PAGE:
According to Iran’s Mehr news agency, President Cyril Ramaphosa told Iranian Foreign Minister Hossein Amirabdollahian that his country “is interested in Iran being accepted as a member of BRICS as a friendly country.”

Ramaphosa expressed support for Tehran’s membership bid during talks with Amirabdollahian at the 15th meeting of the Joint Commission of the Islamic Republic of Iran and South Africa in Pretoria.

In recent months, several countries, including Argentina, Algeria, Egypt and Türkiye, have hinted that they may seek BRICS membership.

BRICS Aiming For Just, Multipolar World Order, Says Lavrov

Attempts by the “collective West” to preserve its hegemony have had the opposite effect, encouraging the real “world majority” to dismiss and reject the exploitation of their resources by foreign states, Russian Foreign Minister Sergey Lavrov has argued.

“Tectonic shifts are taking place in the world today. We are witnessing the emergence of a more just multipolar world order,” Lavrov wrote in an article – BRICS: Towards a Just World Order – for South Africa’s Ubuntu magazine on August 21 ahead of the BRICS Summit, which opens in Johannesburg on Tuesday.

Lavrov called BRICS a “symbol of true multipolarity” for many like-minded countries, which serves as a “positive force that can strengthen the solidarity of the Global South and Global East and become one of the pillars of a new, more just polycentric world order.”

“The international community is tired of the blackmail and pressure from the Western elites and their colonial and racist manners,” Lavrov wrote. “That is why, for example, not only Russia, but also a number of other countries are consistently reducing their dependence on the U.S. dollar, switching to alternative payment systems and national currency systems.”

Russia has “consistently stood for strengthening the position of the African continent in a multipolar world order,” according to Lavrov, who promised that Moscow “will further support our African friends in their aspirations to play an increasingly significant role in resolving the key problems of our time.”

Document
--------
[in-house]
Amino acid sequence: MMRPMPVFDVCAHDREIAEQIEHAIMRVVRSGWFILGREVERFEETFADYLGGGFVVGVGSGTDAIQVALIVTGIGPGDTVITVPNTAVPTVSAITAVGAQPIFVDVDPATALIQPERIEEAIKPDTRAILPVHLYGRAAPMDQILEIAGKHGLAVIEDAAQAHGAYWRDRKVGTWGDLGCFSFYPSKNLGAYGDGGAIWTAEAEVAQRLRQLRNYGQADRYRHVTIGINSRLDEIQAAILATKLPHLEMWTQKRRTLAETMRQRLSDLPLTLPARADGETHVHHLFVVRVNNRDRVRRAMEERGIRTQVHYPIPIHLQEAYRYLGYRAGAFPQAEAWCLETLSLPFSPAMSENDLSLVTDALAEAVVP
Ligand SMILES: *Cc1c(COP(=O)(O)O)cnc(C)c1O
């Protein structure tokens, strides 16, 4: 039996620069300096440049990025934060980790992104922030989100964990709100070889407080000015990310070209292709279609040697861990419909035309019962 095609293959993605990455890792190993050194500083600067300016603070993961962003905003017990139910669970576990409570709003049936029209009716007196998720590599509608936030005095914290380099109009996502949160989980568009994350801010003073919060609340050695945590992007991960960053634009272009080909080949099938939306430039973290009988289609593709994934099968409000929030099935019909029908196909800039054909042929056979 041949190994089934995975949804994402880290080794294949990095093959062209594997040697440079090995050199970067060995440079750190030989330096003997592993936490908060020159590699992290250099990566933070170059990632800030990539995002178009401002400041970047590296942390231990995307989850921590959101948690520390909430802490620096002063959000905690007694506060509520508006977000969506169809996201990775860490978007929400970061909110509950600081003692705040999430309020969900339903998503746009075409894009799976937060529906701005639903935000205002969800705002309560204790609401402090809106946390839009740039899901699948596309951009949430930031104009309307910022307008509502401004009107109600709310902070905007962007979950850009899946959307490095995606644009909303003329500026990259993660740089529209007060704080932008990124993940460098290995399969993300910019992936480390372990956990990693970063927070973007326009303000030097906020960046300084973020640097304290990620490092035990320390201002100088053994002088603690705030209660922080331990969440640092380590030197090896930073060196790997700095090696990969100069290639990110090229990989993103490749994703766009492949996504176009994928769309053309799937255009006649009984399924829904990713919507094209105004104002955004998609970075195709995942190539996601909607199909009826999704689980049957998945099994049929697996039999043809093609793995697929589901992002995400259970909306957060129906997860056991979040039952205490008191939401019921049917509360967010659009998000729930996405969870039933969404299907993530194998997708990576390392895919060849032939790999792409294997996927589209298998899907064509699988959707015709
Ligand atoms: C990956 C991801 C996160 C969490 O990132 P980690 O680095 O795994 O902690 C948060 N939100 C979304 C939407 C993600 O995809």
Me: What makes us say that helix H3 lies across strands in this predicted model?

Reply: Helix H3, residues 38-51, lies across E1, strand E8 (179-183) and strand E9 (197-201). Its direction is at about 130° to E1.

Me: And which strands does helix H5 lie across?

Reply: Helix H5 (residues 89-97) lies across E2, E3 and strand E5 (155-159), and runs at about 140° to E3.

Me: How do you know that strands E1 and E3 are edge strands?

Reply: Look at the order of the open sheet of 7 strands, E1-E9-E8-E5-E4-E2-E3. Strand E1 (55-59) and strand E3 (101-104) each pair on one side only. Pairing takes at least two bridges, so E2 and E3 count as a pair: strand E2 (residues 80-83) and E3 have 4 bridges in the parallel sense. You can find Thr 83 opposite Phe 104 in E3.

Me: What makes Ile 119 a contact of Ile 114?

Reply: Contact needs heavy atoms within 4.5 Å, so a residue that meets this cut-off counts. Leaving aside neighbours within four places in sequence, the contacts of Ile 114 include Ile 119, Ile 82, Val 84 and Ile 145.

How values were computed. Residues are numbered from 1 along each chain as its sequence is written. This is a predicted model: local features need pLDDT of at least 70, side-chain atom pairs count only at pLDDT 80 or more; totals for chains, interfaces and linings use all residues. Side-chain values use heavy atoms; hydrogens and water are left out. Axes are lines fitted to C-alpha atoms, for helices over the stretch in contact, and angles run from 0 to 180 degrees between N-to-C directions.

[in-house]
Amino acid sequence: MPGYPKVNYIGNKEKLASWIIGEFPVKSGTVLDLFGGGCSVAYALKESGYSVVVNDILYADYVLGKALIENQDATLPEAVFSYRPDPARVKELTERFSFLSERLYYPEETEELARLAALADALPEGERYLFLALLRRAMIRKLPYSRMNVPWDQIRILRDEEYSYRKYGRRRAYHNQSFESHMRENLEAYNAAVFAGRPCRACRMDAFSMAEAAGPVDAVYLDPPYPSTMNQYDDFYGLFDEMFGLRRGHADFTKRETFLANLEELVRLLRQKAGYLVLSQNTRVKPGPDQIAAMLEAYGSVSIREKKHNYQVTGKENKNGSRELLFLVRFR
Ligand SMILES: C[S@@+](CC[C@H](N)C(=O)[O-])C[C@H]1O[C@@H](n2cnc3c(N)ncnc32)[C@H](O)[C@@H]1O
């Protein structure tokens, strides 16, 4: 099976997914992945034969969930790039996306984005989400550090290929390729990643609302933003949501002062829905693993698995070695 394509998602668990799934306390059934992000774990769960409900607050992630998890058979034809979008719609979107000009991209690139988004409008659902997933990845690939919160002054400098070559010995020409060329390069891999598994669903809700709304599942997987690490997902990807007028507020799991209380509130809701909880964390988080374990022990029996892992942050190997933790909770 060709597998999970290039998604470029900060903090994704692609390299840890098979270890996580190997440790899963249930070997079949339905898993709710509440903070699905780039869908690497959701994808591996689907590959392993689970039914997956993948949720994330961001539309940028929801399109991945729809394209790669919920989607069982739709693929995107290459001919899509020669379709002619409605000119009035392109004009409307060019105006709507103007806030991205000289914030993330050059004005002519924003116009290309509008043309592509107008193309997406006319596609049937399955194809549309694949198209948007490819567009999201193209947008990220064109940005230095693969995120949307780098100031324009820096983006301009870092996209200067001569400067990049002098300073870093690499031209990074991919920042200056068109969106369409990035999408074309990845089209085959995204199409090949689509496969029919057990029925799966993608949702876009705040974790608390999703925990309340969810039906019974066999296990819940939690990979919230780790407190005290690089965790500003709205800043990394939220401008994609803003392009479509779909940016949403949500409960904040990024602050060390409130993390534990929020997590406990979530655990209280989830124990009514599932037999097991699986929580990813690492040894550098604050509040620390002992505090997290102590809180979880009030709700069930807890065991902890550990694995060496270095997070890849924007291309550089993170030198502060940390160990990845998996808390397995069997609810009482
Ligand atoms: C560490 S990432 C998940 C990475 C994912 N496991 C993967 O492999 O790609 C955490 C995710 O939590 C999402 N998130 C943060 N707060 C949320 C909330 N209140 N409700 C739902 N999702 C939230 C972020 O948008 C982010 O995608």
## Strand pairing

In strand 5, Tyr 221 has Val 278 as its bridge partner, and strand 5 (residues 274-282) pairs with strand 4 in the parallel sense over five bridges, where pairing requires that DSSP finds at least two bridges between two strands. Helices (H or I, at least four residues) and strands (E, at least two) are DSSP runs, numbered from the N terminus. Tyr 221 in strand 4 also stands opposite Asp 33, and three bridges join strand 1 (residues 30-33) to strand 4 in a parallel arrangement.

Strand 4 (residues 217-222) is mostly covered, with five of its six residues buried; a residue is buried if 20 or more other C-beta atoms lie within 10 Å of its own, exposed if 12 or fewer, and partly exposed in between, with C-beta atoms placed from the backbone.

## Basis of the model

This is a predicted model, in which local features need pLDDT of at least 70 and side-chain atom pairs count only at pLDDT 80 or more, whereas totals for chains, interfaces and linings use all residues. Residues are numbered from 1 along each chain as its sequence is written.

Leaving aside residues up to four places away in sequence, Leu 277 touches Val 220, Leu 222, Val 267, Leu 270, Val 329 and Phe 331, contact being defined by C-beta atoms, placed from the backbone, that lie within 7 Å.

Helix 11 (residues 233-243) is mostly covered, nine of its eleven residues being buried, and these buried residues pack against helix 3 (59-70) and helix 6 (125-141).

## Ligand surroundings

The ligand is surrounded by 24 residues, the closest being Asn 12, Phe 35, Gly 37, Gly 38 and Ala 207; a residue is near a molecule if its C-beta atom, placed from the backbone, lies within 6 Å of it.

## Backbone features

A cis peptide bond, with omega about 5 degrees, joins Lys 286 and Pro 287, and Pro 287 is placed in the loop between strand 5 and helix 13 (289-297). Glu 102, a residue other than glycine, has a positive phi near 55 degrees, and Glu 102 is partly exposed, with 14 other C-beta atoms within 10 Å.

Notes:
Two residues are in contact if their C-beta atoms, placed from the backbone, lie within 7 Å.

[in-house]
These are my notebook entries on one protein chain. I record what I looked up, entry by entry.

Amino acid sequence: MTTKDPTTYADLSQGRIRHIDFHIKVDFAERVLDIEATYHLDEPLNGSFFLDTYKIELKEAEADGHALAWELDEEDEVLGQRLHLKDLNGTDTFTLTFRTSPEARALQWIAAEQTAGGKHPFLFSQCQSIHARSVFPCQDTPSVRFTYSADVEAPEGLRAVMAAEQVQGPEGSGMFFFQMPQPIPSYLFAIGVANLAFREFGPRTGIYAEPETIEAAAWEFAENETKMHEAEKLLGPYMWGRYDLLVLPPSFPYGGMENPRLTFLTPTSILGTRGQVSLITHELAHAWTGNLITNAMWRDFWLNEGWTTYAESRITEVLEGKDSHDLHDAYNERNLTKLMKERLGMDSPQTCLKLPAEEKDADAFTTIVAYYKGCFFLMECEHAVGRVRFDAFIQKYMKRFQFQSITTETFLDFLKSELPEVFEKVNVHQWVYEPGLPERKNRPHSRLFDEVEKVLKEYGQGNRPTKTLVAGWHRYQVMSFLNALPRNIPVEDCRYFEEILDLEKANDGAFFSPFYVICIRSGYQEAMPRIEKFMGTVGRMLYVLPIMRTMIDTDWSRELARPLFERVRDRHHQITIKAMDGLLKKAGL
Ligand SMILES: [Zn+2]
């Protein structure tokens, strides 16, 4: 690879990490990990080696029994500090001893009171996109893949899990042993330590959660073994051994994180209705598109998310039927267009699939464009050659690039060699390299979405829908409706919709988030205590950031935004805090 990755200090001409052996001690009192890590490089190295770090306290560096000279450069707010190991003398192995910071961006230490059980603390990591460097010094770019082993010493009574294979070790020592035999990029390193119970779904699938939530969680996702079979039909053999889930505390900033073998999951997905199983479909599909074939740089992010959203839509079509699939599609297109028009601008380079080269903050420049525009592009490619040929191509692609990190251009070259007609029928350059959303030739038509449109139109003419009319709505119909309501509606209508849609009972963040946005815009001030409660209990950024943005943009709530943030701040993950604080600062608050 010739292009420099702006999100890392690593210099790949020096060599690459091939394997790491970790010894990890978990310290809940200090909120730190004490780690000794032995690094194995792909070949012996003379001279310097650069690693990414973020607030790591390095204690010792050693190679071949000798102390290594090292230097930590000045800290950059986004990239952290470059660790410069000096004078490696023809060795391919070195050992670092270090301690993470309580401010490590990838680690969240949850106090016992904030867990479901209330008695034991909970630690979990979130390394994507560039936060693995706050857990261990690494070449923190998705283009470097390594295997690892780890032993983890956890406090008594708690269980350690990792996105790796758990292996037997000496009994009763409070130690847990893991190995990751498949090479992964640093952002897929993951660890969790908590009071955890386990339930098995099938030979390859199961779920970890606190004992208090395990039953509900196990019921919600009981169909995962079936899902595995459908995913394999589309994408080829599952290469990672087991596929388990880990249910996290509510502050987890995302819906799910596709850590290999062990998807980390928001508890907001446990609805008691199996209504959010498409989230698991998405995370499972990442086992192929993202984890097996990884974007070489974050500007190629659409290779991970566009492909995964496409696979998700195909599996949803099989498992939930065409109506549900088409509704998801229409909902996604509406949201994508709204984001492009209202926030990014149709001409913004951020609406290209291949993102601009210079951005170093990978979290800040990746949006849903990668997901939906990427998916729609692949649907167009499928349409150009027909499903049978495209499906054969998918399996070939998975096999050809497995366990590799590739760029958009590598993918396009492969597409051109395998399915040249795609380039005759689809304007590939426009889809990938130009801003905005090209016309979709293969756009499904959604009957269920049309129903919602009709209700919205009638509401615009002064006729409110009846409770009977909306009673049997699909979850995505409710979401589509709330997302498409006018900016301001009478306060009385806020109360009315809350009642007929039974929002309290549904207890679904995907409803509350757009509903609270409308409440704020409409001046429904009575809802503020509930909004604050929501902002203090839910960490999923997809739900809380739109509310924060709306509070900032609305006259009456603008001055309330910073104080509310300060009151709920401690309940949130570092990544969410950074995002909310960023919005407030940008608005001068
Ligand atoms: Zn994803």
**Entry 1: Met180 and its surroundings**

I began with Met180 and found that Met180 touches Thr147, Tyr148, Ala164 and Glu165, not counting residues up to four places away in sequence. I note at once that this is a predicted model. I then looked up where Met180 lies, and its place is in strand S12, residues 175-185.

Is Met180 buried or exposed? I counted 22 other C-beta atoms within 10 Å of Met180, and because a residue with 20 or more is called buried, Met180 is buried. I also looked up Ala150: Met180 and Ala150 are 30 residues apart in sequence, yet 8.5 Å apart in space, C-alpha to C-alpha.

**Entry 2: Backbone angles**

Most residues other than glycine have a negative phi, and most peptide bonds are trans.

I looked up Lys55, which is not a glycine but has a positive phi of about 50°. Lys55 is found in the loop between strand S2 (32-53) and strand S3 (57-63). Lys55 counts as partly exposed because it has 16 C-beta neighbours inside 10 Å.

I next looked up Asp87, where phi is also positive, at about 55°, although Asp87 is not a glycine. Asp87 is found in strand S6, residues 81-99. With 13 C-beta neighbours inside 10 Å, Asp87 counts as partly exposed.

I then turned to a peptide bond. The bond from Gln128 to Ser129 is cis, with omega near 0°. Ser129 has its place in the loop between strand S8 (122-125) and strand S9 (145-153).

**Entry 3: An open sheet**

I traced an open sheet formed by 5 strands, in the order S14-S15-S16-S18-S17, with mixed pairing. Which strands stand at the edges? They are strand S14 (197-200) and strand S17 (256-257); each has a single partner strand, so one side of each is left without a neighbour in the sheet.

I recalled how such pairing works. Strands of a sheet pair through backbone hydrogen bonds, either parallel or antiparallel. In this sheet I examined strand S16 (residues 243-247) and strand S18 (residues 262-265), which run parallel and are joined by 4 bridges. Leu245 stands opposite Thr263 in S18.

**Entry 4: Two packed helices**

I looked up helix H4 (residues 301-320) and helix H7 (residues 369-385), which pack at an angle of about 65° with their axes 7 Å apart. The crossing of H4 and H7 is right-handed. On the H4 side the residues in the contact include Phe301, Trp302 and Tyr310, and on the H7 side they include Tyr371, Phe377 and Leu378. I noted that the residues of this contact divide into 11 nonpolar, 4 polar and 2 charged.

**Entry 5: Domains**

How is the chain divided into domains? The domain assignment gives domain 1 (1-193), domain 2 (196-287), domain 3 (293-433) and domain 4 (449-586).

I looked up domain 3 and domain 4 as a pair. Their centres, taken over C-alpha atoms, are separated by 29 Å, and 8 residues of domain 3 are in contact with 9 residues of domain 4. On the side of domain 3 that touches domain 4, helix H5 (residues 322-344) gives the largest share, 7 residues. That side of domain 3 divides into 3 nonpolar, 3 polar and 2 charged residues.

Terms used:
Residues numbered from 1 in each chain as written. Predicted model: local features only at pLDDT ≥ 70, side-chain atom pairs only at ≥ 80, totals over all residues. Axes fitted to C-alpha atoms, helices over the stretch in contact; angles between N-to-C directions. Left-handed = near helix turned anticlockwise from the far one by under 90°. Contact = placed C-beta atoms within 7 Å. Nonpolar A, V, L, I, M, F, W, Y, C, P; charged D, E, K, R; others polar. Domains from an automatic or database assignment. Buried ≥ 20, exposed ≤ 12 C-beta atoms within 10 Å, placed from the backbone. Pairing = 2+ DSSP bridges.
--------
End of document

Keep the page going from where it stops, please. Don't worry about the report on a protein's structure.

According to Lavrov, the BRICS partnership is gaining momentum, offering many creative initiatives aimed at ensuring food and energy security, healthy growth of the global economy and conflict resolution – although the group does not aim to replace existing international mechanisms, much less to become a new “collective hegemon.”

Lavrov highlighted that BRICS’ ability to influence the global agenda are determined by objective factors: first, the population of the BRICS countries is over 40%; second, the group’s territories exceed a quarter of the world’s land; third, in 2023 BRICS is estimated to account for about 31.5% of global GDP (at purchasing power parity), while the share of the group of major industrialized nations comprising the Group of Seven has fallen to 30%. According to some estimates, the combined GDP of the BRICS countries in 2023 will exceed $27.6 trillion.

At the same time, the Russian foreign minister emphasized that BRICS does not aim to replace existing multilateral mechanisms, let alone become a new “collective hegemon”. On the contrary, the BRICS countries have consistently advocated the creation of conditions for the development of all states, which excludes the Cold War-style “blocs” approach and zero-sum geopolitical games. “BRICS seeks to offer inclusive solutions based on a participatory approach,” Lavrov stressed.

Countries That Want to Join BRICS

Twenty-three countries have formally applied for membership, which will be discussed at the 15th summit of the group. As South African President Cyril Ramaphosa said in a televised address to the nation on Sunday: “South Africa supports the expansion of the membership of BRICS.”

Earlier, over 40 countries, including Bolivia, Cuba, the Democratic Republic of Congo, Comoros, Gabon, and Kazakhstan, all expressed their desire to join the club of the major developing economies.

Among those who jumped at the opportunity to officially apply are Argentina, Turkiye, Saudi Arabia, the United Arab Emirates, Egypt, Senegal, Algeria, Ethiopia, Iran, and Indonesia.

An incentive to expand the group stems from the tectonic geopolitical changes which started to take shape during the COVID-19 pandemic and accelerated after the beginning of the Russian special military operation in Ukraine. A series of sweeping Western sanctions slapped on Russia have further disrupted the already fragile supply chains and global trade, hurting tremendously the countries of the Global South. The latter started to consider BRICS as an alternative platform for the world economy and lined up for membership in an organization that is expected to grow larger over time.